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by Archaeology Newsroom

K. Giannakos, Aegean Type Sword and Finds at Hattusa

Technology, Sources and Dating of Trojan War

Konstantinos Giannakos, Aegean Type Sword and Finds at Hattusa. Technology, Sources and Dating of Trojan War, Lambert Academic Publishing, Berlin 2012, xvi & 280 p., ISBN: 978-3-659-28138-9.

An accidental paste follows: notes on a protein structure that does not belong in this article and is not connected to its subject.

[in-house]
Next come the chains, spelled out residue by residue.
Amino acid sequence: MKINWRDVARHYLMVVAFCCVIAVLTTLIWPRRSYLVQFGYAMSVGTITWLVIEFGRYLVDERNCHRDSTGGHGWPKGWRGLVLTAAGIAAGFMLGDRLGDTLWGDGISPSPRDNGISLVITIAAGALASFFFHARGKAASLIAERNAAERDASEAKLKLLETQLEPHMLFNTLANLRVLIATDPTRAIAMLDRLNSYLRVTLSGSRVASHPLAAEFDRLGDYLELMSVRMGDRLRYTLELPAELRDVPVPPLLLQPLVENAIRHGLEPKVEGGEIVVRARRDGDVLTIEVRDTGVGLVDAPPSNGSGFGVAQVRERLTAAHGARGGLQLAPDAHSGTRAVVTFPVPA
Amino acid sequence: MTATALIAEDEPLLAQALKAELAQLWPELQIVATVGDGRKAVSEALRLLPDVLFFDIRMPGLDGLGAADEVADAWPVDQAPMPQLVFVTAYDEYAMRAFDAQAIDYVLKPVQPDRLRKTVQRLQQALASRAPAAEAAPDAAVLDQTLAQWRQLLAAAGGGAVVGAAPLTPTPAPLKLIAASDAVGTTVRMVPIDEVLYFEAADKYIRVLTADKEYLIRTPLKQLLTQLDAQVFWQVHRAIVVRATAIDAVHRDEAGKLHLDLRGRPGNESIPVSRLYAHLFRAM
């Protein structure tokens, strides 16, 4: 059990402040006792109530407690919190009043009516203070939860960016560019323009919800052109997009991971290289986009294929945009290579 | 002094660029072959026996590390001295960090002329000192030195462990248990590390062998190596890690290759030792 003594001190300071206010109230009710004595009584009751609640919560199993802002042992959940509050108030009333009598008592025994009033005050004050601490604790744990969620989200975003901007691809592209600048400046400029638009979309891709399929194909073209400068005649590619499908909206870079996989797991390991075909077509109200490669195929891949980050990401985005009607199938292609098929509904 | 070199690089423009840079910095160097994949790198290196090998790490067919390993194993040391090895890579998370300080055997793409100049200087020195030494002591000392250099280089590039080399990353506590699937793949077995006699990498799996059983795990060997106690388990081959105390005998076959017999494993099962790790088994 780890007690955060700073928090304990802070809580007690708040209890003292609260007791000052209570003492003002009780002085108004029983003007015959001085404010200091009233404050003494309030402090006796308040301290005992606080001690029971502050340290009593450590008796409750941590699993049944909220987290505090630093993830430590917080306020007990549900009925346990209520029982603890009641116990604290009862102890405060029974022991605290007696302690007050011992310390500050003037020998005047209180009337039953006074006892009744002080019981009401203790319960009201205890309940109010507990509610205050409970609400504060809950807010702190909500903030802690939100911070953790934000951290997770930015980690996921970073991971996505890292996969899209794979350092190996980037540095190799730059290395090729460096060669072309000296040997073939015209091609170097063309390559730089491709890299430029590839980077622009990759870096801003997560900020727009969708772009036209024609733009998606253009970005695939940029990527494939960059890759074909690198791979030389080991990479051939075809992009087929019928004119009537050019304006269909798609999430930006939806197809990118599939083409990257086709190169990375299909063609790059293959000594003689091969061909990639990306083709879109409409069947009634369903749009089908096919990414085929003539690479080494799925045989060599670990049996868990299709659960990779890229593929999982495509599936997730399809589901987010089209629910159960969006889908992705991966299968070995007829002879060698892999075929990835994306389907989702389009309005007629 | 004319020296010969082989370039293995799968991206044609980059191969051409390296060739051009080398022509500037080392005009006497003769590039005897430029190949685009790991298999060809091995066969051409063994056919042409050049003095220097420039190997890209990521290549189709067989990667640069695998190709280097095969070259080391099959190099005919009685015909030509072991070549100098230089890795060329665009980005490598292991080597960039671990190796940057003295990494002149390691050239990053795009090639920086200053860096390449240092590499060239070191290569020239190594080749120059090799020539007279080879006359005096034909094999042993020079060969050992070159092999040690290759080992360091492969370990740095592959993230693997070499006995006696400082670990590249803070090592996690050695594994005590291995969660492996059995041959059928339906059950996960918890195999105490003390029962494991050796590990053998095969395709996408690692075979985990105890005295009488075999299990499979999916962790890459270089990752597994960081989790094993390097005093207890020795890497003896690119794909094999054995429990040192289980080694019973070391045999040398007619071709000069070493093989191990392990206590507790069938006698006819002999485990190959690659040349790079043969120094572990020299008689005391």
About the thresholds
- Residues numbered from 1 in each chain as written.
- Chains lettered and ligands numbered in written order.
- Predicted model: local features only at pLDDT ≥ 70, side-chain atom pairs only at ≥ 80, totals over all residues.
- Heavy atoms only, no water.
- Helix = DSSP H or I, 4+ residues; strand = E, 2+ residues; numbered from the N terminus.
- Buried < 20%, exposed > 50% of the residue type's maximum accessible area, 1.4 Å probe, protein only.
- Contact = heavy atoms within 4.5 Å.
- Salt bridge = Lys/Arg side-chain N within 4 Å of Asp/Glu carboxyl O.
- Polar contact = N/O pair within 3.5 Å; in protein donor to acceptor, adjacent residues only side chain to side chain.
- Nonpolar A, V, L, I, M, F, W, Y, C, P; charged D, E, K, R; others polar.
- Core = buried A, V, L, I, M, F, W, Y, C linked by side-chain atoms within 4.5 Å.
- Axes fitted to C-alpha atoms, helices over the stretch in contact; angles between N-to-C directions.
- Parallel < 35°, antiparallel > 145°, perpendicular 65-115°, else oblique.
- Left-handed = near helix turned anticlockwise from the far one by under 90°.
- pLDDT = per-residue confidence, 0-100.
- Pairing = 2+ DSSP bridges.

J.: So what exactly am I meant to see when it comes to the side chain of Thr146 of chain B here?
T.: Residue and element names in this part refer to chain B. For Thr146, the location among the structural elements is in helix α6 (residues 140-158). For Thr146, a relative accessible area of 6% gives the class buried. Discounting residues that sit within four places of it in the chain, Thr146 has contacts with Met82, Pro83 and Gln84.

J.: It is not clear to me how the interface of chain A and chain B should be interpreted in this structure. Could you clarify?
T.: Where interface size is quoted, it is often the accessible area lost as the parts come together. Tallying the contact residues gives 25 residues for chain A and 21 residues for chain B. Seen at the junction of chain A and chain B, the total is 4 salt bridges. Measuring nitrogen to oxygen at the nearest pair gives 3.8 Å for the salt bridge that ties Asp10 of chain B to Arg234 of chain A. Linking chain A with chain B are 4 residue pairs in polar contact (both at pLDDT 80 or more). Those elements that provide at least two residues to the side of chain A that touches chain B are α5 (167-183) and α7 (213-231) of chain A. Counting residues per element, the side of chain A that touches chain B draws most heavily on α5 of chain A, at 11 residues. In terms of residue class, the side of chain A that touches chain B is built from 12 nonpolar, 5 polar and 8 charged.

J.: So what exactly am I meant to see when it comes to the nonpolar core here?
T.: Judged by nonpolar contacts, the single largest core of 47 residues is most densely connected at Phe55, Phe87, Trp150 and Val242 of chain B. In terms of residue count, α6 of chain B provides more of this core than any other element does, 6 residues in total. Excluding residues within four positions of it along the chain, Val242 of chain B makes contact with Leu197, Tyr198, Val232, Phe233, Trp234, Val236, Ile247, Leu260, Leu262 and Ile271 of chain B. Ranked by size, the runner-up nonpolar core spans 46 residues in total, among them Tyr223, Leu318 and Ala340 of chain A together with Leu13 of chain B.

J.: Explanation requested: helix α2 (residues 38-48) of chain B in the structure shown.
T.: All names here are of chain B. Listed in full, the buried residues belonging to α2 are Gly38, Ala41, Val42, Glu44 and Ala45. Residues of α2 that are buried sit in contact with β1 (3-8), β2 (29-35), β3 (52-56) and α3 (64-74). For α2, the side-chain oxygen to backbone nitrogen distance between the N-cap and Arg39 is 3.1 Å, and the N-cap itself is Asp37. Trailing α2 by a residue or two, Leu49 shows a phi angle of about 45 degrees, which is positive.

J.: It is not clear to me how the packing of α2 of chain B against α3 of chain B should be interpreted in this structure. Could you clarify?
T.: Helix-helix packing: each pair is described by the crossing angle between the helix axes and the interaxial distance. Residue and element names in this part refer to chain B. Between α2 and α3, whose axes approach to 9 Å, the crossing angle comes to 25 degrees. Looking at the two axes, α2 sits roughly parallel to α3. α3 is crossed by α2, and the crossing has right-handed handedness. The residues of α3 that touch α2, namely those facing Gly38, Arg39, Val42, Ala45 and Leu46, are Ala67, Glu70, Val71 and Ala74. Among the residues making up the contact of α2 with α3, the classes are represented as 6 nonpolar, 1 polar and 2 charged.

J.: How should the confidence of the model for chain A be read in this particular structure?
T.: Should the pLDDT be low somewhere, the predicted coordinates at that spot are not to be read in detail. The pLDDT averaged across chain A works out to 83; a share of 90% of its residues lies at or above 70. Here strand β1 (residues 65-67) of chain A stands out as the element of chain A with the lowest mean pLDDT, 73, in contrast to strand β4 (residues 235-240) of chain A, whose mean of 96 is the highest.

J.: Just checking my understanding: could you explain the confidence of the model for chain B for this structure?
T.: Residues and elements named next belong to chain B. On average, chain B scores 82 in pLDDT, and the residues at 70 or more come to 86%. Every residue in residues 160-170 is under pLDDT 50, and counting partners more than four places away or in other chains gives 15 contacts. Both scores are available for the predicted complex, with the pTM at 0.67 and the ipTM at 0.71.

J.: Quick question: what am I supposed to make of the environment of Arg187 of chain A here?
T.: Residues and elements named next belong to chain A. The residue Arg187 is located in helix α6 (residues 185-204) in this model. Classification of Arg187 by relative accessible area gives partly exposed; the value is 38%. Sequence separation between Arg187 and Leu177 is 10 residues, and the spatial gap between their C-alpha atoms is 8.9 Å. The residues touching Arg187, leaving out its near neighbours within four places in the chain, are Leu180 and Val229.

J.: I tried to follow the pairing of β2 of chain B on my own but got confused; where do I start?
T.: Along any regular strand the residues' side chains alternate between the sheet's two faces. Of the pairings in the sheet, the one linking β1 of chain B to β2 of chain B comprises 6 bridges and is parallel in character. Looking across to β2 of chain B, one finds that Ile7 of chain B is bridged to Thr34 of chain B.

The finding of a sword of possible Mycenaean or Aegean origin of the Late Bronze Age, at Hattuša, dated ca. 1420-1400 BC, inspired the present research, which deals with the exchange of technological know-how between the regions around the Aegean Sea, as derived from the archaeological evidence and the ancient Greek literature. In the Egyptian archives, the names Keftiu, T/Danaja, Knossos, Mycenae, Ilion etc. were read. T/Danaja appear from the 42nd year of the reign of Pharaoh Thutmose III up to the end of the reign of Pharaoh Tutankhamun. In the Hettitic tablets the active military presence of Mycenaean kings or aristocrats begin at ca. 1400 BC but after king Mursili II (ca. 1300 BC), the Mycenaeans lose control over Milawanda/Miletus and seem to act through local military representatives in Asia Minor. Technology and its “products”, when unearthed from archaeologists, are irrefutable witnesses of the technological level of each era and place, with decisive role in the show of power. The conclusions are based on the technological know-how in constructions and metal production, the material evidence and the ancient literature including a probable dating of the Trojan War.